Thursday, February 07, 2019

SPIRITUALITY ... AA and the sober life

Recently I listened to a young man lead a discussion on "Sprituality in my Life".  He was released from prison a little over a year ago but has had almost 4 years of living a clean and sober life. This means that he learned about sobriety while still imprisoned.  It made think of the selfless members of Alcoholics Anonymous that I know who week after week carry the message to the inmates.

The recovery rate of prisoners is very low.  However, the rate of recovery is low for all of us with only one in 10 staying sober according to some reports.  As a young friend of mine says, "I feel sorry for the 9 who  don't make it but I want to be the one who does."

The AA program is extremely simple...just 12 steps that, if practiced faithfully, will change a life.  It is almost impossible to explain the program to a non-alcoholic so I never try.  Everyone has to find their own path and I feel that I've finally found mine and have for the past 29 years.  I listened to a nun tell her story once and she had this great line.  She said, "If you spot it you've got it" and if you don't it's a pretty good bet that you're not "one of us."

I looked around the room at that meeting and marveled.  We were a group of perhaps  50 people from every walk of life represented by all colors, races and genders with an ex-prisoner leading the discussion.  Among our  audience were 4 doctors, 3 lawyers, a priest, a dog trainer, and 4 or 5 from the nursing profession. It also included a multitude of retirees  (like me), some ordinary working people and some seedier looking men and women who were just starting the journey.

I know that AA does not suit everyone and that there are other ways to get sober but it's worked for me and I  love the way that there are no restrictions and that "the ONLY requirement for membership is a desire to stop drinking". 


Blogger Anvilcloud said...

What a success story you have.

1:32 PM  
Blogger Marie Smith said...

When I was working as a counsellor, I had a friend, a young man, who was a member too. He always spoke at school, not representing AA, but telling his own story. The students always related to him and he helped lots of them over the years. AA saved his life.

2:31 PM  
Blogger Joared said...

Whatever works to help people take back their lives. Congratulations to you and your achievement.

12:25 AM  
Blogger Arkansas Patti said...

Kudos Ginnie. You have stuck with a great plan and it has worked marvelously for you. When I went to Al-anon seeking help with my father who was an alcoholic, I discovered my own problems with alcohol. I didn't have a need for the first drink but couldn't stop once I took that first one--usually resulting in black outs. I quit for him and it has been over 40 years. I know in my heart if I took a drink today, I'd be unconscious by dark.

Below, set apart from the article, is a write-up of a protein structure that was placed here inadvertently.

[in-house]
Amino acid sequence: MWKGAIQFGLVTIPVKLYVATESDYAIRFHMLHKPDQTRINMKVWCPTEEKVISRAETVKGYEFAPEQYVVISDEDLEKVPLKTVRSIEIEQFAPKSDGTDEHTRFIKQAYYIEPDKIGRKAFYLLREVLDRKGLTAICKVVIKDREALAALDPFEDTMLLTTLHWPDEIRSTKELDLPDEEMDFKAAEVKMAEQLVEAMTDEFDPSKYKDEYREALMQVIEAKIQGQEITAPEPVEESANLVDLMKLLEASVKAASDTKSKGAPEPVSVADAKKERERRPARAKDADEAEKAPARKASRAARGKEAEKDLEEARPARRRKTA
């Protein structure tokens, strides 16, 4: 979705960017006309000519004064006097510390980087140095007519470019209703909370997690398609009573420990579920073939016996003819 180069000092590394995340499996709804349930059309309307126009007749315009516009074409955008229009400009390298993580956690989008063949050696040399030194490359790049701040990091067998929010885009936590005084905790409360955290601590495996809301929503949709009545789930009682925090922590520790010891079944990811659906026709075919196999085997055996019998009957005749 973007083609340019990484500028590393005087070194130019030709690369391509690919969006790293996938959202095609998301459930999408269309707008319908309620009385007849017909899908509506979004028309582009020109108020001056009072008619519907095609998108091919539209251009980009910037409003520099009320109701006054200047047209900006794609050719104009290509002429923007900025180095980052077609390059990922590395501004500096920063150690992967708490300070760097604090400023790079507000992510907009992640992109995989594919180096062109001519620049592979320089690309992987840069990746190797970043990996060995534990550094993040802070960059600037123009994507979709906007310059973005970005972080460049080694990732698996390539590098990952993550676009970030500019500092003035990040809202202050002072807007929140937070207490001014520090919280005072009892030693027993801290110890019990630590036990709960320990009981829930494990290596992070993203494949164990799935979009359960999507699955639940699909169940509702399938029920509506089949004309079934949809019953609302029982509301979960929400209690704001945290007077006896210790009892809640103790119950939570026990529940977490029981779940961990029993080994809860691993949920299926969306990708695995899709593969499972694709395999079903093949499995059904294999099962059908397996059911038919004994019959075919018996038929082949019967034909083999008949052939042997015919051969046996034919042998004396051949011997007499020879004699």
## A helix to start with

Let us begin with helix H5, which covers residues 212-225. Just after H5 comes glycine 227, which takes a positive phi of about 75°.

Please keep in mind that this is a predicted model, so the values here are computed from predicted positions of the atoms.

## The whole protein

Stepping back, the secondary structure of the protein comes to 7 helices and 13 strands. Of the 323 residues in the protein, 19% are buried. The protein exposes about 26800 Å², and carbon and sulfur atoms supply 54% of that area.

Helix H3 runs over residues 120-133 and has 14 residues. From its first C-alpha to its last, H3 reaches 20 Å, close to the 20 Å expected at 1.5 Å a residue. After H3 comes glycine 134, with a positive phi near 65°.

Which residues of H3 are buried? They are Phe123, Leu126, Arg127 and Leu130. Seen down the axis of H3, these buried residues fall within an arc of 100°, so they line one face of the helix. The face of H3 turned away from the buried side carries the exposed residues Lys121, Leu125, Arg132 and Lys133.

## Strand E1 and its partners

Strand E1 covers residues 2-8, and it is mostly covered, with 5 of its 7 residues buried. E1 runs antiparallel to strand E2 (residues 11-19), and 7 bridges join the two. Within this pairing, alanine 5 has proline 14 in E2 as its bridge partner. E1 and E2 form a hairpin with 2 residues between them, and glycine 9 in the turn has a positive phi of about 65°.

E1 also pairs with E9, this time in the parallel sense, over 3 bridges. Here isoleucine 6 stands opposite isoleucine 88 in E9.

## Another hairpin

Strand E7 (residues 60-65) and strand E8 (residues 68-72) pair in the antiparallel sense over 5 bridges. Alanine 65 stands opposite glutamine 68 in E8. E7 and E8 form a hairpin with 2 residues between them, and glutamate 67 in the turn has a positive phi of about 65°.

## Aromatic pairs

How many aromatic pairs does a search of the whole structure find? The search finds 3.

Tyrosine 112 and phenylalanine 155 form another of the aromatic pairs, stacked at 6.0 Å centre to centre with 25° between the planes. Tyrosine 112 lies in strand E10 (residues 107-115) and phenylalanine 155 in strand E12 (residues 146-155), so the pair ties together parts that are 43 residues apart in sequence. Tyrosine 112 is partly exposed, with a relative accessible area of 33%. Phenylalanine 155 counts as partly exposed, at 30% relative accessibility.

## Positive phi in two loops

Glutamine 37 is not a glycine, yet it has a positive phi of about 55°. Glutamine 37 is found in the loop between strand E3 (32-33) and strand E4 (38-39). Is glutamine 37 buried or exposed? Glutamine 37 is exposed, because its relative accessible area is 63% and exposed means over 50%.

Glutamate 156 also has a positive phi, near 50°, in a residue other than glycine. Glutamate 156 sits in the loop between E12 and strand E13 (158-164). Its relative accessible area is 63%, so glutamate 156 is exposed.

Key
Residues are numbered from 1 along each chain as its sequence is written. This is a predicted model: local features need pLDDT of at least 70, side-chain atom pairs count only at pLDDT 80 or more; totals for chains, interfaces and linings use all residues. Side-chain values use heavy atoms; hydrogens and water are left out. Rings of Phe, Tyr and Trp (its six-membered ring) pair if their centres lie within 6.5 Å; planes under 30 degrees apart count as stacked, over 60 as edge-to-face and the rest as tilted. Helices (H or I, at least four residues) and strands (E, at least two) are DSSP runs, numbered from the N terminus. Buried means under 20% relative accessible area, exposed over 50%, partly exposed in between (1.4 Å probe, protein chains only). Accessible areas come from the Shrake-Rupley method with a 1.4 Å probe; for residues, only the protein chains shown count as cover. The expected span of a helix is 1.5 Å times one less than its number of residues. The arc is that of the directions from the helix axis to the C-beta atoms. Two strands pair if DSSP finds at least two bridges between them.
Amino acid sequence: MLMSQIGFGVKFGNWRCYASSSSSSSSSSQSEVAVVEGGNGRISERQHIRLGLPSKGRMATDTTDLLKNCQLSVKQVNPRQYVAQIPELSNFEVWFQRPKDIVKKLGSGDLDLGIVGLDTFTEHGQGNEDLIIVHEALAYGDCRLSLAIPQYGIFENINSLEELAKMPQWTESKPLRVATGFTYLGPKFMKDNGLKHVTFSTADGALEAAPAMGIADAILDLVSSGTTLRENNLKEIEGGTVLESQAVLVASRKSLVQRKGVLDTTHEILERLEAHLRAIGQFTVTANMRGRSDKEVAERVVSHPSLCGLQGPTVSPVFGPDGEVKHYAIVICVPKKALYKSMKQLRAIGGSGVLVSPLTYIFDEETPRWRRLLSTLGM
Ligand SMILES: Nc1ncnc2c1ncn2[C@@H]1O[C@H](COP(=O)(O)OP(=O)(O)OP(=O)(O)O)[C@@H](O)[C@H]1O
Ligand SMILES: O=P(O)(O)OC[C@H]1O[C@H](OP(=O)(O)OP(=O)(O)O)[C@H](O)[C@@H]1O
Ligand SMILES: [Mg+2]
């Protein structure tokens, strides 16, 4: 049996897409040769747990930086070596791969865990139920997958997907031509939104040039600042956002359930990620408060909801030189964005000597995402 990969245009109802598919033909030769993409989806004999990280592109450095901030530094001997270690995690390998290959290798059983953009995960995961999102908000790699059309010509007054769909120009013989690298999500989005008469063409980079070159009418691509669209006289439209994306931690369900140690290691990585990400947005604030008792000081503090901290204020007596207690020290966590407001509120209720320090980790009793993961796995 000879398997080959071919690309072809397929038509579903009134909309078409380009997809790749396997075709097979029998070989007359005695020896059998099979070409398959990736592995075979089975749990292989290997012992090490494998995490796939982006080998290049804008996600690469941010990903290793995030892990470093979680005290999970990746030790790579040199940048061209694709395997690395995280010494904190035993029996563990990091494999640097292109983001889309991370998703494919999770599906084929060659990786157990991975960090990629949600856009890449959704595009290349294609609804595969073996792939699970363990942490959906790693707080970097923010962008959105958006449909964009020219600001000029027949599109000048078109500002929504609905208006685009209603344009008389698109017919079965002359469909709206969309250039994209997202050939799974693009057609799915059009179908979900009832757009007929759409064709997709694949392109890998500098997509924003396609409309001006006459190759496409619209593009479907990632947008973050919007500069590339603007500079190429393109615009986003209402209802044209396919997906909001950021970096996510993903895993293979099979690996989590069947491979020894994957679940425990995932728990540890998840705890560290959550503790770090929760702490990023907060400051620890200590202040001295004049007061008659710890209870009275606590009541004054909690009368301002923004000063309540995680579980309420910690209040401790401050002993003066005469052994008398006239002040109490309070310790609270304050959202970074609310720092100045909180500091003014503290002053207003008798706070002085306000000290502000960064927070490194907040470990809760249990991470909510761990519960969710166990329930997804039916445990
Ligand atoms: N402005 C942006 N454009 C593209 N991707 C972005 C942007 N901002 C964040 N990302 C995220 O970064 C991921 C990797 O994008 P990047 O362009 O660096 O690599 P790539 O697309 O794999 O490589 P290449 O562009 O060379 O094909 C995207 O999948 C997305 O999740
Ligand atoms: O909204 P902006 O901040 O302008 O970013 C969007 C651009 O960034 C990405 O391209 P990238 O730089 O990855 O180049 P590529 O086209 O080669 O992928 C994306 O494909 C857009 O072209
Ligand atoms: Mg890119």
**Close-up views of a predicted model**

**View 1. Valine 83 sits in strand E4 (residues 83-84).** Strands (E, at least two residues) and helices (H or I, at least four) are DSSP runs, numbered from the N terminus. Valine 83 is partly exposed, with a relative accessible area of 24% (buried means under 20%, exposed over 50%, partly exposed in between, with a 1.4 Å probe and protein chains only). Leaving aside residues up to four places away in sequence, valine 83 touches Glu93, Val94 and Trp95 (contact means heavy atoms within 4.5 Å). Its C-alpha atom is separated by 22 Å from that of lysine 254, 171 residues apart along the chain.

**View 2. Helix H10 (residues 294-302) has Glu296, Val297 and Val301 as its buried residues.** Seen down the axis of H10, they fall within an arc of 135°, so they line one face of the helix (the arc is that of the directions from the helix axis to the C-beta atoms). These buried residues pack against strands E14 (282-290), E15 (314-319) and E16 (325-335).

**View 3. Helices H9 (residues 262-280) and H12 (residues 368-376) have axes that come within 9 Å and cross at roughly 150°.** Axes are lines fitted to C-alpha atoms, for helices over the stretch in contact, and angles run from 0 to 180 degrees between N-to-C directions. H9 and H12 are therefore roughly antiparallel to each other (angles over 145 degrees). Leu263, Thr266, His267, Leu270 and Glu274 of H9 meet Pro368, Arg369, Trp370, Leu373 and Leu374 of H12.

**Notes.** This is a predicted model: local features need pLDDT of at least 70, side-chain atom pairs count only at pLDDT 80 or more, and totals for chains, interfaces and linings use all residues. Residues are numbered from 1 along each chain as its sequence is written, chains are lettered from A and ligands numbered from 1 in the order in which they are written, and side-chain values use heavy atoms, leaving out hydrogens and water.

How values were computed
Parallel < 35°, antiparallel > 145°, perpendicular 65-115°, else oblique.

If I ever started wanting that first drink, I'd head straight for AA.

9:18 AM  
Blogger NCmountainwoman said...

Hooray for you, Ginnie. You are a brave woman and I admire your courage.

1:43 PM  
Blogger Linda P. said...

What hard work you have invested. Congratulations. I am sad for siblings who have struggled and either not embraced AA or just plain battled, many times unsuccessfully, to stay on track, even after attending AA meetings. Al-Anon has helped me understand what my responsibilities are or are not. As the oldest of my siblings, accustomed to taking on a care-taking role from childhood, sticking with the "are not" part of that has been wrenching. I am a writer and work with a list of numbers for Suicide Prevention, MHMR, Substance Abuse and Mental Health taped just to the right of my computer monitors, as well as the number to call to get local law enforcement officers out for a wellness check on a sibling. Included is that sibling's address and telephone number because I'm afraid that I won't be able to recall it or look it up if I get yet another call when he's threatening suicide or has attempted it.

4:24 AM  
Blogger Beatrice P. Boyd said...

You have succeeded, Ginnie, and thanks for sharing your story. It’s not always easy to overcome an addiction but you have done so and your ooenness in sharing is admirable and inspiring as well.

3:18 PM  

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